Genetics May Soon Guide Targeted Treatment of Brain Metastases
Genetic mapping of brain metastases, in the laboratory of Priscilla Brastianos, MD, Director of the Central Nervous System Metastasis Center at Massachusetts General Hospital/Harvard Medical School, and Scott Carter, PhD, at the Harvard School of Public Health, is yielding findings that could someday drive targeted treatment.
Priscilla Brastianos, MD
Scott Carter, PhD
“Historically, we’ve had a limited understanding of how brain metastases genetically evolve from their primary tumor,” she said. “But research shows that brain metastases harbor distinct, clinically actionable genetic alterations compared to their primary tumors and extracranial metastases.”
If decisions for individualized treatment of brain metastases are based on biopsies of the primary tumor, as is the norm, opportunities may be missed for optimal treatment, Dr. Brastianos said at the 2020 Miami Breast Cancer Conference.1
Branched Evolution of Brain Metastasis and Primary Tumors
Dr. Brastianos and Dr. Carter performed whole-exome sequencing of 104 matched brain metastases, extracranial sites, primary tumors, and normal tissue.2 In all clonally related cancer samples, they observed branched evolution, where all metastatic and primary sites shared a common ancestor yet continued to evolve independently. “There were new mutations in the brain metastases,” she said.
“In 53% of cases, we found alterations in the brain metastases not detected in the matched primary tumor sample. In contrast, spatially and temporally separated brain metastasis sites were genetically homogeneous. Distal extracranial and regional lymph node metastases were highly divergent from brain metastases,” Dr. Brastianos noted.
The genomic analysis of brain metastases provides an opportunity to identify alterations that are potentially clinically informative—ones that would not be detected in clinically sampled primary tumors, regional lymph nodes, or extracranial metastases.
In a recent publication in Nature Genetics, Drs. Brastianos, Carter, and their teams performed a genomic analysis of 73 brain metastases from lung cancer compared to 503 primary lung cancers.3 In a unique case-control analysis, they showed that brain metastases harbor more frequent copy-number alterations compared to primary tumors in several genes, including CDKN2A/B, YAP1, MMP13, and MYC. They then validated these findings in patient-derived xenograft mouse models and showed that overexpression of YAP1, MYC, and MMP13 increased the incidence of brain metastases.
Are the genetic differences seen in brain metastases clinically significant? According to Dr. Brastianos’ study, in the brain metastases, alterations were associated with sensitivity to PI3K/AKT/mTOR, CDK, and HER2/EGFR inhibitors, suggesting the answer is “yes.”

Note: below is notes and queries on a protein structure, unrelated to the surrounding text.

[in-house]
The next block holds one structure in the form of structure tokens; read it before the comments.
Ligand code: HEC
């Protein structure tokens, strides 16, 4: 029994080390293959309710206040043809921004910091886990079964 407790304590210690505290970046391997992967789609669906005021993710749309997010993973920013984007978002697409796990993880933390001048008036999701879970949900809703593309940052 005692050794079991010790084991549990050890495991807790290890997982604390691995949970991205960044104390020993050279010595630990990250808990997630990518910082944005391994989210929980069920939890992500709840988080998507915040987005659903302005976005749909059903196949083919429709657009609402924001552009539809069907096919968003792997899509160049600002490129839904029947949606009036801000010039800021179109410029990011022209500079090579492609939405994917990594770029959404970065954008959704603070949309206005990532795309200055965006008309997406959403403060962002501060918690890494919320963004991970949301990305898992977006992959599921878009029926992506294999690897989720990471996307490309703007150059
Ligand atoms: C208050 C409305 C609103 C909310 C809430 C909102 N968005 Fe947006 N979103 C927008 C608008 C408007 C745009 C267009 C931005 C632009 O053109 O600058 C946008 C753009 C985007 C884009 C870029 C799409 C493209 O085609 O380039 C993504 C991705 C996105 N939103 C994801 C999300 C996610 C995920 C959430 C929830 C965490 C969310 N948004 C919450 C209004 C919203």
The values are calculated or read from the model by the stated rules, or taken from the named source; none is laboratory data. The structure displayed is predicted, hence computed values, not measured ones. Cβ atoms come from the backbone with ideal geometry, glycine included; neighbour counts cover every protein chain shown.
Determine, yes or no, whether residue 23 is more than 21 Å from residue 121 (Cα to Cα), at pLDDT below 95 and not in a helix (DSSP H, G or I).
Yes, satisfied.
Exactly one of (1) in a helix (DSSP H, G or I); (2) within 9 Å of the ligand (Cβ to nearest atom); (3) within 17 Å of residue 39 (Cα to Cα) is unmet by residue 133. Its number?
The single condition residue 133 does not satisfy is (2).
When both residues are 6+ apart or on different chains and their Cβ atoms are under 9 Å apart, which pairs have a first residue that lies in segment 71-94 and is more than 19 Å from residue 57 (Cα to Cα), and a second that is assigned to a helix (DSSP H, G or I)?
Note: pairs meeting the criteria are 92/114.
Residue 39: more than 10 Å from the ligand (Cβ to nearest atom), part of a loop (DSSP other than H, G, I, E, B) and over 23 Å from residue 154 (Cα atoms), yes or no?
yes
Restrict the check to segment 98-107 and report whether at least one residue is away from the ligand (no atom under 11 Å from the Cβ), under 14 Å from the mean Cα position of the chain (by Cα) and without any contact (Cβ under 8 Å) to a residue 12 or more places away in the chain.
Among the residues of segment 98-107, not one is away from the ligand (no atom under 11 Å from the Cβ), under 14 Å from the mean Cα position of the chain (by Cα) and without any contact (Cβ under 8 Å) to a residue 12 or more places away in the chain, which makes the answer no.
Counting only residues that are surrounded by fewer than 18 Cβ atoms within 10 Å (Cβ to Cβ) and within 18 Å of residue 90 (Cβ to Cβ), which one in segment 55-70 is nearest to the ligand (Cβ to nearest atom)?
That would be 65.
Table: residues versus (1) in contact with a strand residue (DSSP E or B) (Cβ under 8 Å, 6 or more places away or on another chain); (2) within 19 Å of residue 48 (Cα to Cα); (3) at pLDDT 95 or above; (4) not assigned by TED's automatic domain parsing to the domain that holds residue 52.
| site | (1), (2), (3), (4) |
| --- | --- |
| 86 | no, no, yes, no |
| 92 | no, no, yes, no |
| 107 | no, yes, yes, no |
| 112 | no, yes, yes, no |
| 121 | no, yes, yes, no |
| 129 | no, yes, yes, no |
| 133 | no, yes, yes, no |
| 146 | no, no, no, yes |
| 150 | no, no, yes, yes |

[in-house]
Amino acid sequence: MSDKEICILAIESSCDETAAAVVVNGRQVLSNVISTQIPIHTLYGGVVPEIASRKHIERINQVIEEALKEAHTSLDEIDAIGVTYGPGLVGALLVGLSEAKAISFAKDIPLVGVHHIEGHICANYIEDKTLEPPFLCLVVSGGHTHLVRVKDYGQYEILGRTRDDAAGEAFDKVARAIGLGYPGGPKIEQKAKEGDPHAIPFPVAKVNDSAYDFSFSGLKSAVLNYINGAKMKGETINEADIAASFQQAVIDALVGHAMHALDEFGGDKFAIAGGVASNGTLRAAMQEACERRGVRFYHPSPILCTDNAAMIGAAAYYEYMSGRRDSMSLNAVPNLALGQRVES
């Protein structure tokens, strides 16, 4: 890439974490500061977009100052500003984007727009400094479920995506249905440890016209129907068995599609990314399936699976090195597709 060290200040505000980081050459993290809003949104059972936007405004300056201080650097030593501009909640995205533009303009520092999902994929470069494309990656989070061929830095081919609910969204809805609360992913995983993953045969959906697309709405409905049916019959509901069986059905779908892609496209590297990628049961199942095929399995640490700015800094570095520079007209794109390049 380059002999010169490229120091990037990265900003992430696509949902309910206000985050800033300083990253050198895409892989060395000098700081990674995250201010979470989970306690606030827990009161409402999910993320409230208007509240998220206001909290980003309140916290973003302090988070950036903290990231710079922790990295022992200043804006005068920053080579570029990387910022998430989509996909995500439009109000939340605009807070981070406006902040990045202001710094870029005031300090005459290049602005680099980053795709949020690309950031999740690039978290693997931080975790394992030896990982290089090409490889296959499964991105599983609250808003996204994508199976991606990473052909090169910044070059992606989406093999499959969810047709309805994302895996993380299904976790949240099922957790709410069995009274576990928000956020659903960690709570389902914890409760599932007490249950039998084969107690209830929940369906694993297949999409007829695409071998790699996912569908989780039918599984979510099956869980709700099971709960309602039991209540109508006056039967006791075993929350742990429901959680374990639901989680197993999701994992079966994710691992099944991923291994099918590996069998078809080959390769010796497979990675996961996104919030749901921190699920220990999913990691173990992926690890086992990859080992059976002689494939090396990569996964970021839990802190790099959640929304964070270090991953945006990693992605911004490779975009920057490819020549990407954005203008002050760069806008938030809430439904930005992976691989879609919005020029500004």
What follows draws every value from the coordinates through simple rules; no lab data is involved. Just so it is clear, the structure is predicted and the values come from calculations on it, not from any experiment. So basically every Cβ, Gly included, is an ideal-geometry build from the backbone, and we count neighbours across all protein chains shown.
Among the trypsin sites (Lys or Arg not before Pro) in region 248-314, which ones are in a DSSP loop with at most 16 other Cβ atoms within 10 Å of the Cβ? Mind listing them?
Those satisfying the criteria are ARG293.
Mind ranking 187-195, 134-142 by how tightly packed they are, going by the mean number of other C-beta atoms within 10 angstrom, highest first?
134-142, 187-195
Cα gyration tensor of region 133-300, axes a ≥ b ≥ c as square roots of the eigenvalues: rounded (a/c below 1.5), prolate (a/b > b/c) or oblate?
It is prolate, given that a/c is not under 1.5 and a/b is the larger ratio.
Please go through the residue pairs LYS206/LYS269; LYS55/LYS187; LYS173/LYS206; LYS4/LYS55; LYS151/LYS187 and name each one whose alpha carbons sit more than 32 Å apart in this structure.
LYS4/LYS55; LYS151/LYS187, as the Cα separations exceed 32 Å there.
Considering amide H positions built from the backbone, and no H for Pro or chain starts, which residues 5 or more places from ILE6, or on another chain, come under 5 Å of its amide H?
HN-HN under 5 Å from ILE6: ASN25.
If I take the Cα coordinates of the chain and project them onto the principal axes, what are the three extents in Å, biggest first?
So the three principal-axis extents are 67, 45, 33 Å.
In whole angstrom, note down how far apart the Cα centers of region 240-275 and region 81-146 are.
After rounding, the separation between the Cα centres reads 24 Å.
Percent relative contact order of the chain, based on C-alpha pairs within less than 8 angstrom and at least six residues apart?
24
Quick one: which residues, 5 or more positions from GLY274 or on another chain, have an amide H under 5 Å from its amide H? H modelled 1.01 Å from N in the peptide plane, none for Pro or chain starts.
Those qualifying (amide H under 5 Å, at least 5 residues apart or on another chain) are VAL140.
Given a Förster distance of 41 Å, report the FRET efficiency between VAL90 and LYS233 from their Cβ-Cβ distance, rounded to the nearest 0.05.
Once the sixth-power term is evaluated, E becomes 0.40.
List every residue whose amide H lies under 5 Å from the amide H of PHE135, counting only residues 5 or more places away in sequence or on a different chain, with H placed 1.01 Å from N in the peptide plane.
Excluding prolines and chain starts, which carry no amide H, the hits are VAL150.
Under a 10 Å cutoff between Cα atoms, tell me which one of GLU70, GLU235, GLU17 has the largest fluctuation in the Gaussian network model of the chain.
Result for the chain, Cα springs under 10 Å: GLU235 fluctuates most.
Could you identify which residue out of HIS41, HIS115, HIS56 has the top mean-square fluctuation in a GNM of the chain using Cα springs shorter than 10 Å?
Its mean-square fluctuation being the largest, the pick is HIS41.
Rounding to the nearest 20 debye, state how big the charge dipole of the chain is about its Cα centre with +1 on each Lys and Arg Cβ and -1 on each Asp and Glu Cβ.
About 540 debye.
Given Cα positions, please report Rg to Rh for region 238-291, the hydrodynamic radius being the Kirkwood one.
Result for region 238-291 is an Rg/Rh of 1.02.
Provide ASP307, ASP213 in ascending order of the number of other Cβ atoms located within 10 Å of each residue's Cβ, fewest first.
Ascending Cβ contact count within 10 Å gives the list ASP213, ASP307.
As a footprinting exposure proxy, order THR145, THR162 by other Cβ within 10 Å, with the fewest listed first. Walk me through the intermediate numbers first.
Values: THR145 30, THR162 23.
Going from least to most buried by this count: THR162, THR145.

For example, she described a patient whose situation is often seen in clinical practice. During trastuzumab treatment for a HER2-positive tumor, the patient developed a cerebellar tumor in the setting of stable extracranial disease. The cerebellar tumor harbored an EGFR mutation that was exclusive to the brain metastasis.
“This is the same mutation known to predict sensitivity to EGFR inhibitors in lung cancer, but in this case, we detected it in the breast cancer cerebellar tumor,” she explained. “If the EGFR mutation is exclusive to the cerebellar tumor, this probably represents a mutation that was a resistant subclone during trastuzumab therapy. Of note, when we looked across the entire cohort, more than half the cases had clinically actionable alterations in the brain metastasis that were not detected in the primary tumor biopsy.”
“This genetic divergence between primary metastatic samples could pose a major challenge to clinical decision-making in oncology,” Dr. Brastianos commented. If the targetable mutations found in brain metastases are not also found in the primary tumor, opportunities for optimal treatment could easily be lost by selecting treatment based on the genetic mutations found in the primary tumor, she added.
Homogeneity Within Brain Metastases
These findings led to the next question: Is there regional heterogeneity throughout the brain itself, or is a single brain metastasis sample representative of all central nervous system (CNS) disease? To answer this question, her team sequenced regionally, anatomically, and temporally distinct areas within the brain.